So we cannot look at this in a shortsighted way. I think Enfield is a well run council and I believe it will not be affected by this rate-capping Bill. But it is certainly, like all other authorities, having to watch its expenditure and the effect of its rates on both the domestic and the business ratepayers, or it will find very rapidly that people will move away to avoid that rate burden.

Lord Graham of Edmonton

Could I be helpful to the noble Baroness, Lady Gardner? I simply read what the town clerk had sent to me, which is what his councillors had instructed him to send. This is what I read: The rate capping proposals will not achieve any significant change in the burden of rates borne by industry and commerce—this could only be done by a redistribution of the incident of rates". Not for a moment would I say the councillors of Enfield are not minded of the burden of rates on industry. What they are simply saying is that the rate-capping proposals, whatever they are designed to do, in the view of Enfield will not do anything to reduce the incidence or the size of rates.

Another point that Lady Gardner made, I think it fair to point out, is her assumption that the rate-capping Bill would not affect the London Borough of Enfield. This is what I was told: The Treasurer tells me that the level of the Council's excess over Government targets and GRE assessments is within the area currently being considered for possible rate capping controls". He might have it wrong. The Minister shakes his head. Then: Hence the fears expressed in this letter may become all too real for Enfield in the near future. This is notwithstanding the fact that the Council over the years has sought to work within Government guidelines (irrespective of which Government) and continues to look for and make savings whenever these are realistically achievable". These fears may be unfounded and it may be that the Minister was able to tell Alan Young—who is a personal friend of mine who served on the council at the same time as I did, and for whom I have a high regard as the leader of the council which I had the privilege and honour of leading for a period myself. All I am saying is that if it is possible for councils like Enfield, not one of the high spenders, to be caught in their view by the way in which they have understood the legislation, then those are the fears. I do not have any responsibility for representing their views here, but because of my association and because of the argument which suits my case, I am certainly very happy to present them here—and there is more to come, by the way.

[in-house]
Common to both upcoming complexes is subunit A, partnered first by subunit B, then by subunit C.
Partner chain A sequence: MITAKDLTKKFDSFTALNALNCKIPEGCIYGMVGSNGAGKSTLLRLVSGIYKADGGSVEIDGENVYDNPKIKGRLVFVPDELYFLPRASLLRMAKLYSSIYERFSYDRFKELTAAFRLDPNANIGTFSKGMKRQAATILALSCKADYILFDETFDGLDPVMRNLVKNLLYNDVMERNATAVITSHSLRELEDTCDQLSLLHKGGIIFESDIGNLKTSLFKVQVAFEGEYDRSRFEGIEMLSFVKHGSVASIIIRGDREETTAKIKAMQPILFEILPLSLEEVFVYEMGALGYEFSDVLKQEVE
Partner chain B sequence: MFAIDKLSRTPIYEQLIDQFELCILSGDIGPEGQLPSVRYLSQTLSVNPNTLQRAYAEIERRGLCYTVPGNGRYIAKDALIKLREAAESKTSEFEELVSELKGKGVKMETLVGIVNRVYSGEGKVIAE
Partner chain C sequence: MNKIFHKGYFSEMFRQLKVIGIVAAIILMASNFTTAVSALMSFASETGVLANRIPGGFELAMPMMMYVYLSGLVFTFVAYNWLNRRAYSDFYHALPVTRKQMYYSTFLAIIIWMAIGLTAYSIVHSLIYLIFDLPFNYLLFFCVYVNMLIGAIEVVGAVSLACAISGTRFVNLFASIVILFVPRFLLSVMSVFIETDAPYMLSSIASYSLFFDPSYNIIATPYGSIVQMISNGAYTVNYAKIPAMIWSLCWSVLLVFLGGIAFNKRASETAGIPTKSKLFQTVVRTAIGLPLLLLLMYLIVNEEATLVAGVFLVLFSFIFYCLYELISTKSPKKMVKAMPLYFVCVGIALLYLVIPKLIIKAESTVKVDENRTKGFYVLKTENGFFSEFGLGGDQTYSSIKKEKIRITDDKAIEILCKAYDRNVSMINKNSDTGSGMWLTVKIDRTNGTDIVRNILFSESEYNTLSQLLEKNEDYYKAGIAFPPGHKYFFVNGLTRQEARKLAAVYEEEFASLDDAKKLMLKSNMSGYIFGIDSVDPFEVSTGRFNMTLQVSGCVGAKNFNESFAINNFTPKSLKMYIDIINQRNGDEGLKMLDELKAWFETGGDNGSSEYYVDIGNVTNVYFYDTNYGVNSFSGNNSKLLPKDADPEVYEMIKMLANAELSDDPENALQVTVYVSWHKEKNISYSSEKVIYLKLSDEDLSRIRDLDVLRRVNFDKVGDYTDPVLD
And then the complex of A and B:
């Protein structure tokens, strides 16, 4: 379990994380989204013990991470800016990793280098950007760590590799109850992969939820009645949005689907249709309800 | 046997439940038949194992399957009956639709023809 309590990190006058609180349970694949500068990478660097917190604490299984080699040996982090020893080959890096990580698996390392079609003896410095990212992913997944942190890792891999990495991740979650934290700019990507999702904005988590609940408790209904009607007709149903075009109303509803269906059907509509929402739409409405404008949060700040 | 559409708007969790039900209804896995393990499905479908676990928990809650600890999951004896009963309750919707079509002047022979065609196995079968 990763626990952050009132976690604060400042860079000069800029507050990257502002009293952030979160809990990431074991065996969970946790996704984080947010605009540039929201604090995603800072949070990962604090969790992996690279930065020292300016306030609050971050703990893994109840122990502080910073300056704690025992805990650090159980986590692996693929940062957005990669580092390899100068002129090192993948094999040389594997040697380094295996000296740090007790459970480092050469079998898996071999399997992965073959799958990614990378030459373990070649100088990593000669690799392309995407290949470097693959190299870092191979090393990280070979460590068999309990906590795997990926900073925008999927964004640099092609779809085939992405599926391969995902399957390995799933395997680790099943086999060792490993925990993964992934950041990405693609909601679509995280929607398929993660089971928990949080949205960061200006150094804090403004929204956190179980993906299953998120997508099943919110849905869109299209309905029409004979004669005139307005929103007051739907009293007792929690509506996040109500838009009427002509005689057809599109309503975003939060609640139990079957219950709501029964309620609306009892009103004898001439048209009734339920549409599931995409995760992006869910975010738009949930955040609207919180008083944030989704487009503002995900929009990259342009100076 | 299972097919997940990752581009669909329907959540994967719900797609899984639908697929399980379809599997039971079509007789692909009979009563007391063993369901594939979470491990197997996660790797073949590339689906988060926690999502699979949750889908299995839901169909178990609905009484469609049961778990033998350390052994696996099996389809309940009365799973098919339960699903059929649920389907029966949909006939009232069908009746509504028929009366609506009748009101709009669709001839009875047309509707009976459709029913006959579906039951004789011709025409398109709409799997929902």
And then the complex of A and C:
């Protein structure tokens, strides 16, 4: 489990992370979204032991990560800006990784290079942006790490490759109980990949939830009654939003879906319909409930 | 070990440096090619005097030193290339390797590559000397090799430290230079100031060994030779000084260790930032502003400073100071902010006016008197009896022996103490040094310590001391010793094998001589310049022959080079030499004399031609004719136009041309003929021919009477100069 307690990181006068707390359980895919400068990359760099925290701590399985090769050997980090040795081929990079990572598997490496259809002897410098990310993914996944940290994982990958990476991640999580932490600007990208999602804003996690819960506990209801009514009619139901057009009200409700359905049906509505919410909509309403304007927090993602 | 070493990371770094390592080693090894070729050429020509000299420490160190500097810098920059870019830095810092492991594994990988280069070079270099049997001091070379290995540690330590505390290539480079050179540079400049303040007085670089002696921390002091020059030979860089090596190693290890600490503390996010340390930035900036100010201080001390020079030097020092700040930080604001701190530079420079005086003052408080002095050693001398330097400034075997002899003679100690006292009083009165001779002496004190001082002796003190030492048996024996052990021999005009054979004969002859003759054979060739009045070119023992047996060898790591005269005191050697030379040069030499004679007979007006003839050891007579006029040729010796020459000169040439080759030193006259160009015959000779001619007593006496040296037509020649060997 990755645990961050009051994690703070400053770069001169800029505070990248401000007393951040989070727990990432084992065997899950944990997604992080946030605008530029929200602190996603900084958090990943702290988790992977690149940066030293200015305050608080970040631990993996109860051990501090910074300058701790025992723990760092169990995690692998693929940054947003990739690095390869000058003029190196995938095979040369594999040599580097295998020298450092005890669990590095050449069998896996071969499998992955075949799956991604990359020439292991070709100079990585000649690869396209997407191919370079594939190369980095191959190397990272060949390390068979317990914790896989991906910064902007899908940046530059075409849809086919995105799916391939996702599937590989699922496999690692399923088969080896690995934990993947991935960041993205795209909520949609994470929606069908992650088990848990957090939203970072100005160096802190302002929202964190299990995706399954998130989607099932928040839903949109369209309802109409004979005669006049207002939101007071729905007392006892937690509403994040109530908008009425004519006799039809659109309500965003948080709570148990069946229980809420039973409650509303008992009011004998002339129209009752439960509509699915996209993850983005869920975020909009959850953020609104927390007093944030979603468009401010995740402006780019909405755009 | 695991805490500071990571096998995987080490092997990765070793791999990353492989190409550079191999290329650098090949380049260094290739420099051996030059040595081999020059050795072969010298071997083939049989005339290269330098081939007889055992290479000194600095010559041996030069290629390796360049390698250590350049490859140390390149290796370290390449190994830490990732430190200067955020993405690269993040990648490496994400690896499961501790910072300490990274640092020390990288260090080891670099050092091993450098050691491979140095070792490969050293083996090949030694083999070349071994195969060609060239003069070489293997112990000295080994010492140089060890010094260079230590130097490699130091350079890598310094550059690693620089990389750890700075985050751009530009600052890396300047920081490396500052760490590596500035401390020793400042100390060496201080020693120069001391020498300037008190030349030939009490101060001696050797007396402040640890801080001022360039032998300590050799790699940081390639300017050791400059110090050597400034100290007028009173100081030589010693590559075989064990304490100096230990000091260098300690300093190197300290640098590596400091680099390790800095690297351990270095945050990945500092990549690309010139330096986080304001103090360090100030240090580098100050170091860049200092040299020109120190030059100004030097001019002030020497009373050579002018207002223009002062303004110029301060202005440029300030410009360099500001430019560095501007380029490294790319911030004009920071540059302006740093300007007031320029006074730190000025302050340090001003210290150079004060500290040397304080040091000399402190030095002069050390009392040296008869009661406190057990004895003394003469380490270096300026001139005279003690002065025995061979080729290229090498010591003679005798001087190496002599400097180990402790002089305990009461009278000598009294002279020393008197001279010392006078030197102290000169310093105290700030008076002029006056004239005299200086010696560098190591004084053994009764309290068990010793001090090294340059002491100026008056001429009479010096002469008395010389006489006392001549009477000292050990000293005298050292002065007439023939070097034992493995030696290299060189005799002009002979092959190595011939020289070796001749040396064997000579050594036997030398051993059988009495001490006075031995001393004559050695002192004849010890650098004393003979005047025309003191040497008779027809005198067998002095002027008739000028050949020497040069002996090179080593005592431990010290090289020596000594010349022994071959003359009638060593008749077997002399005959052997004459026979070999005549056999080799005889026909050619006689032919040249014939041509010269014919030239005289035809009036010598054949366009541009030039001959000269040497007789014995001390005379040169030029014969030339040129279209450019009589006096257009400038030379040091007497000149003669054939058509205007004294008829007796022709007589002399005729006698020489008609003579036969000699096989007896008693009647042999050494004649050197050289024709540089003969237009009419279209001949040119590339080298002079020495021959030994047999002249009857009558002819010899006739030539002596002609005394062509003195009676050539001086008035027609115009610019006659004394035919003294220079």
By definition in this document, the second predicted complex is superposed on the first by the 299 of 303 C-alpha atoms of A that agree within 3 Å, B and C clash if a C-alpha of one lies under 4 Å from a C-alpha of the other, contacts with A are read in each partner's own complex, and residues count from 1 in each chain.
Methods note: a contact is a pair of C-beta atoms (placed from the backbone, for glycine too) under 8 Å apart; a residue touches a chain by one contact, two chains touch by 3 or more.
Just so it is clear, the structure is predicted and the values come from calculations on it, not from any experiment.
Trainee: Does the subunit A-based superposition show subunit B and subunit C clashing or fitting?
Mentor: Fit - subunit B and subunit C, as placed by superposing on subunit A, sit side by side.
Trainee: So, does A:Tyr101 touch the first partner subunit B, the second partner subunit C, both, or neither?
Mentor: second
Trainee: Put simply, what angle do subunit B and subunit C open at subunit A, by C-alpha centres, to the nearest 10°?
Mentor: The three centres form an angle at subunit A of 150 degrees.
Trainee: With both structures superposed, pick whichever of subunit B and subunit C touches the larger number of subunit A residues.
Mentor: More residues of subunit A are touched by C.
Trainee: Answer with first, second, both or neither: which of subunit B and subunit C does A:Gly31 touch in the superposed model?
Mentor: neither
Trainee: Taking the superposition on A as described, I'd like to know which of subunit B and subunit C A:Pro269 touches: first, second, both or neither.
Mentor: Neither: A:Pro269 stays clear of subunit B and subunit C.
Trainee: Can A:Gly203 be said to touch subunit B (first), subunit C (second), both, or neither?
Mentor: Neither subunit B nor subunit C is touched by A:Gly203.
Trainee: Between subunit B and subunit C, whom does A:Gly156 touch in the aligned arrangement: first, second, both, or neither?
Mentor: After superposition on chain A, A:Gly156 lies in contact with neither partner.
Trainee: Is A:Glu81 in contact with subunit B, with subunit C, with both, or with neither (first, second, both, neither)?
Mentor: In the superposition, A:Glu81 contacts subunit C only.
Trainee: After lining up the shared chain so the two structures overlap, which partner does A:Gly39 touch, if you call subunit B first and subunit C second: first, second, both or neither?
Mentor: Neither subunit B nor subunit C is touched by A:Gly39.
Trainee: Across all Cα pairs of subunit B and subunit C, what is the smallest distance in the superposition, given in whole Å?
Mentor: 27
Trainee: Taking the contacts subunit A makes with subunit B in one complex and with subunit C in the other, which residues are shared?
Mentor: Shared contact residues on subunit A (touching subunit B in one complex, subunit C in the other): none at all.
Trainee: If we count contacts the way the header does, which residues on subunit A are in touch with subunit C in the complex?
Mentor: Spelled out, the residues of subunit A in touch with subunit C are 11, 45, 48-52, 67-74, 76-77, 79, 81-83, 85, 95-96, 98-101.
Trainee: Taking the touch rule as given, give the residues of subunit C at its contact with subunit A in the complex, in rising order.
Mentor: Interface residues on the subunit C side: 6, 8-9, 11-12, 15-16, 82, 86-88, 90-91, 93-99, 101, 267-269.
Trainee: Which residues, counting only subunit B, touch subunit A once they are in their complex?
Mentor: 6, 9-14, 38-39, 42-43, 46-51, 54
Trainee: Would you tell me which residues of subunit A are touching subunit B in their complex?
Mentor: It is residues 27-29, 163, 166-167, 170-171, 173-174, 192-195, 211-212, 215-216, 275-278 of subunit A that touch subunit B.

Lord Pitt of Hampstead

It is my view that what the Minister has said strengthens the case for an annual review. For example, he mentioned Camden, of which I know something. The Camden council thinks that if it is to cope with the level at which it will be rate-capped it will have to cut services. I have received a memorandum to that effect. A review in 12 months' time will show us to what extent the rate-capping of Camden has forced services to be cut and to what extent it has enabled a smooth reduction in the rate burden to take place. As I see it, that is a very sound reason for looking at this matter every year. There is also this. Most of the observations that I have seen suggest that the London boroughs are the ones that are likely to be capped. In all the assessments that I have seen at the head have been four or five London boroughs. That suggests to me that the grant-related expenditure assessment may be what is wrong.